Special Abilities: I think the B/X D&D game mechanics favor combat-heavy adventures, with various “fiddly” rules enabling exceptions for what in later games might serve as “skills,” such as special abilities for various classes, particularly the chances to spot secret or hidden doors (elves), spot traps or new construction (dwarves), or remain hidden (halflings). I’d rather see a universal skill system, something akin to giving everyone a 1 in 6 chance of success modified by relevant ability scores and some class special abilities. One might also use the saving throw as a skill roll, again modified by relevant ability scores and some class special abilities.

Encumbrance: I’m not thrilled with encumbrance rules as a whole; I find they bog things down in excessive bookkeeping. But I also don’t believe in characters effortlessly lugging tons of gear around. I prefer to ignore encumbrance in favor of subjective common sense: one main weapon, one ranged weapon, one small weapon, sensible armor and shield, and a backpack with room for 10 named items (with something like 6 torches as one item, 4 iron spikes and a hammer another item)...all subject to reasonable standards, of course, and Strength modifiers.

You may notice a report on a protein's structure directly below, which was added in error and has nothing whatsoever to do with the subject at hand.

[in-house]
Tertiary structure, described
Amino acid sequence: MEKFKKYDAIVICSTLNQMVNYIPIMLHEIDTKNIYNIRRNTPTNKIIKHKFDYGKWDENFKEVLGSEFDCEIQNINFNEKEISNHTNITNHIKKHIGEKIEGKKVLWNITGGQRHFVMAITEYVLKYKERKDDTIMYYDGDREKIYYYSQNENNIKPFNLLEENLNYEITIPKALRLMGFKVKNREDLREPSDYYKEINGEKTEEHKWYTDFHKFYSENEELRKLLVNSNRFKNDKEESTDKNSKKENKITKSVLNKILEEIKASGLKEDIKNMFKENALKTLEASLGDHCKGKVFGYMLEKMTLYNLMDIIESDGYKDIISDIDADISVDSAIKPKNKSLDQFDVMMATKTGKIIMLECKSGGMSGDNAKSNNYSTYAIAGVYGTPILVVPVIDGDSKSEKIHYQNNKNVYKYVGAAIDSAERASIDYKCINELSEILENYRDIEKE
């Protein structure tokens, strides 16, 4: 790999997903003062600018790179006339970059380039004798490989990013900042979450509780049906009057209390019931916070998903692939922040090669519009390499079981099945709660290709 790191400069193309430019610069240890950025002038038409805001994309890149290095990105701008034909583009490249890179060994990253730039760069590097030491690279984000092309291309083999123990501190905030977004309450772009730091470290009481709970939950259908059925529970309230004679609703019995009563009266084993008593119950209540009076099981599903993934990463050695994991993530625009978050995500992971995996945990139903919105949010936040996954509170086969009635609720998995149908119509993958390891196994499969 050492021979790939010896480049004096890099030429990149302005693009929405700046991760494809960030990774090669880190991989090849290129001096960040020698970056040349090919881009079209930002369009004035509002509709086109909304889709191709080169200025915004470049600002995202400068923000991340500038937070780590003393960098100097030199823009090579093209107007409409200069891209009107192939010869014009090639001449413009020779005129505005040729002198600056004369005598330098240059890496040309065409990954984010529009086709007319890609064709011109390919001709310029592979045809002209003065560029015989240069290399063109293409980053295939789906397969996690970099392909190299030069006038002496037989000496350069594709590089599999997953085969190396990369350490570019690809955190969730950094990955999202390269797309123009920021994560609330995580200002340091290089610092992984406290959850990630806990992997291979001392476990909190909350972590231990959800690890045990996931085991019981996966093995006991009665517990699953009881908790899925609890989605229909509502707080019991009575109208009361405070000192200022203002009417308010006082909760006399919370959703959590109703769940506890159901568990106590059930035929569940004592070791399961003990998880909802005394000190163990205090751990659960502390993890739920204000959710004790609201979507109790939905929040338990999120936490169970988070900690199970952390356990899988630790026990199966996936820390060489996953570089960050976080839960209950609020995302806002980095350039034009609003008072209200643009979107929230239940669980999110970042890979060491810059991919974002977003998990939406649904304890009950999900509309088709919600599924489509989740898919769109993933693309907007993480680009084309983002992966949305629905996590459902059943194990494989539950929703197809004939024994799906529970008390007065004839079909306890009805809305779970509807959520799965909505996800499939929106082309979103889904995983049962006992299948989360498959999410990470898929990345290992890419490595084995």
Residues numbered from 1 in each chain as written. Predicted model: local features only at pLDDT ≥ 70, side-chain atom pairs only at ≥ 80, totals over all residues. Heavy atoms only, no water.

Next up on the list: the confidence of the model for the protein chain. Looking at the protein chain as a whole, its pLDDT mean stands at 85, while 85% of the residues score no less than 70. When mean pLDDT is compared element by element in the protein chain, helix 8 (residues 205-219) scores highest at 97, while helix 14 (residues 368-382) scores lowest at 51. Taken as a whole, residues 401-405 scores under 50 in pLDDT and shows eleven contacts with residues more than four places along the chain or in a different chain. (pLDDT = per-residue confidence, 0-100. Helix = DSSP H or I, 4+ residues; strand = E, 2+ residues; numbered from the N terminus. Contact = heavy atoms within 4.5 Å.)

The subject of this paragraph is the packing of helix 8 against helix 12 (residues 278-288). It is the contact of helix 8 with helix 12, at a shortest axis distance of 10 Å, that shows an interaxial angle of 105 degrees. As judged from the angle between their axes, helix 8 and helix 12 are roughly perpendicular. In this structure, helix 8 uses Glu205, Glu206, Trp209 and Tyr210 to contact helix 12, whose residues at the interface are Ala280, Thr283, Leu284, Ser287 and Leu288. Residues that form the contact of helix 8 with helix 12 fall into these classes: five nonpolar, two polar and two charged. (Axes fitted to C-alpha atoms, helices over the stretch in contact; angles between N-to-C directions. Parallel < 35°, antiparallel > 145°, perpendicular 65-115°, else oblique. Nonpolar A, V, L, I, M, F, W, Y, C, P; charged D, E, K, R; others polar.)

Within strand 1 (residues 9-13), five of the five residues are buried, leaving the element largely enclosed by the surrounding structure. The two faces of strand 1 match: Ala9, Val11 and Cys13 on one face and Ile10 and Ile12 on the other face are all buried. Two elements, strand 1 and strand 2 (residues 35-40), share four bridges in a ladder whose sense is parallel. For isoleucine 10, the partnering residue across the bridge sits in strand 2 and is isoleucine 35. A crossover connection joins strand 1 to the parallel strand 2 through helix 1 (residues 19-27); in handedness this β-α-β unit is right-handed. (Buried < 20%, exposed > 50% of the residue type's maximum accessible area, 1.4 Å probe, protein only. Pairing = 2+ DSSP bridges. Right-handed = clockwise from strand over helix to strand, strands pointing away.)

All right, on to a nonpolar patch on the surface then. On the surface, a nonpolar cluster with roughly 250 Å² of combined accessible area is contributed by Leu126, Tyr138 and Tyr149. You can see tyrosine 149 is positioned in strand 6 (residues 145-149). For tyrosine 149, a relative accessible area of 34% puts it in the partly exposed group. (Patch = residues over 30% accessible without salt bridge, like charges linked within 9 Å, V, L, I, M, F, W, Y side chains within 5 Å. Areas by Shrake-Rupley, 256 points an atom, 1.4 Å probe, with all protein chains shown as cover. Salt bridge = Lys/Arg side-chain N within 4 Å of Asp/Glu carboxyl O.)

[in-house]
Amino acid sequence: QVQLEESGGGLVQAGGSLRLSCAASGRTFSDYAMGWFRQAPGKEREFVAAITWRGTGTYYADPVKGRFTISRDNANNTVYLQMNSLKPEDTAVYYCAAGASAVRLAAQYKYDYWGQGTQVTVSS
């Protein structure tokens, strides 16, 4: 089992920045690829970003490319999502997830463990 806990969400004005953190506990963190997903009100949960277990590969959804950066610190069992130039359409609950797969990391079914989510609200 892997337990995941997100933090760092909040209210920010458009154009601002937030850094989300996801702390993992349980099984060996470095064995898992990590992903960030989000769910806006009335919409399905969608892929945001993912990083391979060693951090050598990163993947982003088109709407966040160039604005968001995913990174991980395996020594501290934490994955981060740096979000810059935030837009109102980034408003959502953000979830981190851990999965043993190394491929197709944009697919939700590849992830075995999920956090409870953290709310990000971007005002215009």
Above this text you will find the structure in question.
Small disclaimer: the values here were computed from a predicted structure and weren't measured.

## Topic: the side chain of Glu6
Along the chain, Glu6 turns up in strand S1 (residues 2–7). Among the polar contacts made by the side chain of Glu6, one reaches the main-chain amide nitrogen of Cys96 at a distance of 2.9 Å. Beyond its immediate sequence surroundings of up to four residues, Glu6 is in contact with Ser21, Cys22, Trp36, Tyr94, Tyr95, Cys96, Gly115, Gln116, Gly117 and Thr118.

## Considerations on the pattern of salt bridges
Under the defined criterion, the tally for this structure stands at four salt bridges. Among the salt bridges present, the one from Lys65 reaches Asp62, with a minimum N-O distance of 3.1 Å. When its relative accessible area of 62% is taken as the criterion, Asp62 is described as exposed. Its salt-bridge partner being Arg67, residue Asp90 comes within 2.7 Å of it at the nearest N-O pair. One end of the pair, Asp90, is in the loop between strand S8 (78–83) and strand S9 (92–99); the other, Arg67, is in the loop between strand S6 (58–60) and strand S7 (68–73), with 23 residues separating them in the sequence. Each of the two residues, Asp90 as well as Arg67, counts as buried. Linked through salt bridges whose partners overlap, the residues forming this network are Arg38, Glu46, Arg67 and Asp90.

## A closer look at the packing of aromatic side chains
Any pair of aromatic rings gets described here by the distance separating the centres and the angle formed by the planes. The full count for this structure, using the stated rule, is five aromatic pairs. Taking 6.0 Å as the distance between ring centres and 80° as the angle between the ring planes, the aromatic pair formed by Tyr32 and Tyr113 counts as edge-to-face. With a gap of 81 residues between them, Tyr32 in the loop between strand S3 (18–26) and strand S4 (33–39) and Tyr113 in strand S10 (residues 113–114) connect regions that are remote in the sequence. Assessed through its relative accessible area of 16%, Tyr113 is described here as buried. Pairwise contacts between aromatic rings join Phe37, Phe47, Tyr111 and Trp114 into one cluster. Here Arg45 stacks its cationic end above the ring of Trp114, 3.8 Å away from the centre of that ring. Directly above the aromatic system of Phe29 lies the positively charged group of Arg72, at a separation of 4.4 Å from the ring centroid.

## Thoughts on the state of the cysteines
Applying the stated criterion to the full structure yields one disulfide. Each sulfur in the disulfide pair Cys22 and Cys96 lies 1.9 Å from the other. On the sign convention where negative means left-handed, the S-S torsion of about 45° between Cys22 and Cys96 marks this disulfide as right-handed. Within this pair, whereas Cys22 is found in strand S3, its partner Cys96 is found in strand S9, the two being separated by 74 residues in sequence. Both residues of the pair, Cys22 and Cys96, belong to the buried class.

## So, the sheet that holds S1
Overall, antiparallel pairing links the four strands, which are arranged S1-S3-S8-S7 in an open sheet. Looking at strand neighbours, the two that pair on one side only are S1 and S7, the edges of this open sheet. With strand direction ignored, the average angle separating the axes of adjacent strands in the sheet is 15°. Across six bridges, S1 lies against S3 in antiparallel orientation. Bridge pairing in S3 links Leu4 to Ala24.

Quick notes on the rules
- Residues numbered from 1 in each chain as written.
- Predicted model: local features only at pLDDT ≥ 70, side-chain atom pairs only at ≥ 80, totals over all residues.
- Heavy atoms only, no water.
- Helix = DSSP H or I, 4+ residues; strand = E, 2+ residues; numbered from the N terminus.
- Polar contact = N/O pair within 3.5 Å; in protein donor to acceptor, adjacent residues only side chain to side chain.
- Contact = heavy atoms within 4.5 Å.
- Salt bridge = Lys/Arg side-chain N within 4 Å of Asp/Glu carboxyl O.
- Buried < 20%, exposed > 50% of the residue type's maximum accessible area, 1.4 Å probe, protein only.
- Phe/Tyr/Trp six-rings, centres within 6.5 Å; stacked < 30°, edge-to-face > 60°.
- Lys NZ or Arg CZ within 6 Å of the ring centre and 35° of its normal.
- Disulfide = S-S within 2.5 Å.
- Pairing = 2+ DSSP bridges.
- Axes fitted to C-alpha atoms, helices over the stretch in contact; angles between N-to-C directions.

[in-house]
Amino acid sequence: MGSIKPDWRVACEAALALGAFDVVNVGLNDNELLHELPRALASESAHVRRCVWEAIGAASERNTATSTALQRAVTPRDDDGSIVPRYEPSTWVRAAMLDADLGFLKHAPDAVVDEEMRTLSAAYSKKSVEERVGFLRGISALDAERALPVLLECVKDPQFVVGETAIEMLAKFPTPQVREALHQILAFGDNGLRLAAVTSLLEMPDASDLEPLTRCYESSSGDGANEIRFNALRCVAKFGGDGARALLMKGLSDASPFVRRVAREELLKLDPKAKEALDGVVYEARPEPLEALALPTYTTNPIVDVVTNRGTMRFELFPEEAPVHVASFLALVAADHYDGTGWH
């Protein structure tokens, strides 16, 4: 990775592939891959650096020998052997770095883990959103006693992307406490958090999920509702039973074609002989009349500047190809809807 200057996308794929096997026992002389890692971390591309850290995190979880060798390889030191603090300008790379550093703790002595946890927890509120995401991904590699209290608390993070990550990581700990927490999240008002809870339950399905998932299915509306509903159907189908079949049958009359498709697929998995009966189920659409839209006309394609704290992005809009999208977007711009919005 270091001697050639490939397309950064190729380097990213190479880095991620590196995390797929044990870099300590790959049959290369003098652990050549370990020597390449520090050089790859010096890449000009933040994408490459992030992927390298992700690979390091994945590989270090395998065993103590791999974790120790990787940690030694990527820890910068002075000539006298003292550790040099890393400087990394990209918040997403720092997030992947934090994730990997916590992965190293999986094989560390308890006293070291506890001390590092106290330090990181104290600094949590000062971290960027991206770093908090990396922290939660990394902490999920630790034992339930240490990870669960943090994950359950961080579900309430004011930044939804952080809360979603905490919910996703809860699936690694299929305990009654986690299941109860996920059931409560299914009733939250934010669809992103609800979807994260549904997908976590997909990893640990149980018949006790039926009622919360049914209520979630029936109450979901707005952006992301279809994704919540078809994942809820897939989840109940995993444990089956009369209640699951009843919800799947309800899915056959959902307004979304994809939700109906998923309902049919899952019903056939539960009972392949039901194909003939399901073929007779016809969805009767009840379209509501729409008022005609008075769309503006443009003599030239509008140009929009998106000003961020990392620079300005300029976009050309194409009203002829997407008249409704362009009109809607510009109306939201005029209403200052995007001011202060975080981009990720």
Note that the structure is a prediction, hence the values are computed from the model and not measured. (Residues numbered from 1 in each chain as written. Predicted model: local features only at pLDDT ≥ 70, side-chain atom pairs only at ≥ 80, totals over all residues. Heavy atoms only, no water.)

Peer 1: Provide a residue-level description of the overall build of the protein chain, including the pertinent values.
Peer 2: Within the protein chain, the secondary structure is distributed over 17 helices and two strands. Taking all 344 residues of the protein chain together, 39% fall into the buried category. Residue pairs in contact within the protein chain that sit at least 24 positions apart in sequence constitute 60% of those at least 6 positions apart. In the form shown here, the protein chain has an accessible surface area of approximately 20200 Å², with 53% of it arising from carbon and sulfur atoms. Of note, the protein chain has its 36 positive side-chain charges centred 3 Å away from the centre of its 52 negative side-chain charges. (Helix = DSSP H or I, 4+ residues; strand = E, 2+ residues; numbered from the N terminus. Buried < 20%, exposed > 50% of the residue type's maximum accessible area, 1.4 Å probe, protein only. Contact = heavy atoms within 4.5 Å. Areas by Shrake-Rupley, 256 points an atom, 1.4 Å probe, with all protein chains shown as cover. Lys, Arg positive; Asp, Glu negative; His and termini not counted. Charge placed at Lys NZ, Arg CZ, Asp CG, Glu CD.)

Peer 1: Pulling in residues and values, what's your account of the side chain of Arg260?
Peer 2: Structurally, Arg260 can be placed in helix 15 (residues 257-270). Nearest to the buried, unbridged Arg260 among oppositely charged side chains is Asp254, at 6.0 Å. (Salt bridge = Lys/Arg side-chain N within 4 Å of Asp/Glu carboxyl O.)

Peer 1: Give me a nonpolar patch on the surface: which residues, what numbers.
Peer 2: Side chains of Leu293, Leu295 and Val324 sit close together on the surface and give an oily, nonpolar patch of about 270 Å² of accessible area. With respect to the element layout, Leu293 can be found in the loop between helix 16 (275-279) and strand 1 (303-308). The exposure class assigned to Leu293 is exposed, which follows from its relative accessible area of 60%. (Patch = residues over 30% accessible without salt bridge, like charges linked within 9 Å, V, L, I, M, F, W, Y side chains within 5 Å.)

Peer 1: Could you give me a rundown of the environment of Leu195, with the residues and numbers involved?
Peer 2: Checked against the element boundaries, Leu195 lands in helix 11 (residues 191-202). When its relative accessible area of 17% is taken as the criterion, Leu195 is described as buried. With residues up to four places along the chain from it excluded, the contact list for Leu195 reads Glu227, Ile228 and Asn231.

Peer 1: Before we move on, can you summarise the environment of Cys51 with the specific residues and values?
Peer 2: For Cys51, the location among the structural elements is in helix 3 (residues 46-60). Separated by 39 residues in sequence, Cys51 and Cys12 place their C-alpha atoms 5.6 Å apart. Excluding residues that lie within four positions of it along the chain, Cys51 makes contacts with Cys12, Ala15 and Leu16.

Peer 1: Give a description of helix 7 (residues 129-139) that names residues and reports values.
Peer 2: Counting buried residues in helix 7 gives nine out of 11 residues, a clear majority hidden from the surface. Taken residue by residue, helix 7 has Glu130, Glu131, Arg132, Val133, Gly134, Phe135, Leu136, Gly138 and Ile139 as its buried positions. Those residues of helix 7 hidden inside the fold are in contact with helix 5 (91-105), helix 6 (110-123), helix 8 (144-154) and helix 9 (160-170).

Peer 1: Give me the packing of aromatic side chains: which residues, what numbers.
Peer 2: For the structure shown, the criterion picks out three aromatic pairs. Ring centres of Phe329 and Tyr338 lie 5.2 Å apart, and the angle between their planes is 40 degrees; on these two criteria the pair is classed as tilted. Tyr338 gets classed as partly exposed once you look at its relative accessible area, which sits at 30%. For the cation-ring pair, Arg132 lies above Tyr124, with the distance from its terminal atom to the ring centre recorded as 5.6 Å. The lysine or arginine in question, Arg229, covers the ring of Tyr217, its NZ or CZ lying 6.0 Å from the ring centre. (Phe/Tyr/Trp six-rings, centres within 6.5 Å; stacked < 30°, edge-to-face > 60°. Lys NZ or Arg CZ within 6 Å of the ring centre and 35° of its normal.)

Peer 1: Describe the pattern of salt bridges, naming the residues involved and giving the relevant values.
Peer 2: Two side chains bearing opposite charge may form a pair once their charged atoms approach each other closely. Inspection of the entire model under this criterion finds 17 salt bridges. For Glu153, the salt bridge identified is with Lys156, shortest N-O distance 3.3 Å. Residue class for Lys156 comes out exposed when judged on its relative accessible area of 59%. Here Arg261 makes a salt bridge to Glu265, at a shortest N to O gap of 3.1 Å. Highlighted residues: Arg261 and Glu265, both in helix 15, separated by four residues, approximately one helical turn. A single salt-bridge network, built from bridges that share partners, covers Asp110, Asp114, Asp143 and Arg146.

I’m in no way looking to re-write the B/X D&D rules into my own version of a OSR retro-clone. These observations reached through examining other works and reflecting on my own play style simply serve as notes to myself as to how I might “house rule” a B/X D&D game should I ever have cause or opportunity to run one. After reading a great deal about Original D&D’s origins and early history in Jon Peterson’s excellent Playing at the World, I can fully understand the need for a “basic” version of D&D after an original edition of open-ended (some might say “ill-defined”) rules and an “advanced” version of three volumes that might not have seemed user-friendly to newcomers like myself. Despite efforts to unify game rules so players could jump from one game to another with minimal difficulty, each group, to some extent, implements its own house rules to better facility their preferred style of play.

What are some of your favorite house rules for OSR retrol-clones and B/X D&D? Want to start a civilized discussion? Share a link to this blog entry on Google+ and tag me (+Peter Schweighofer) to comment.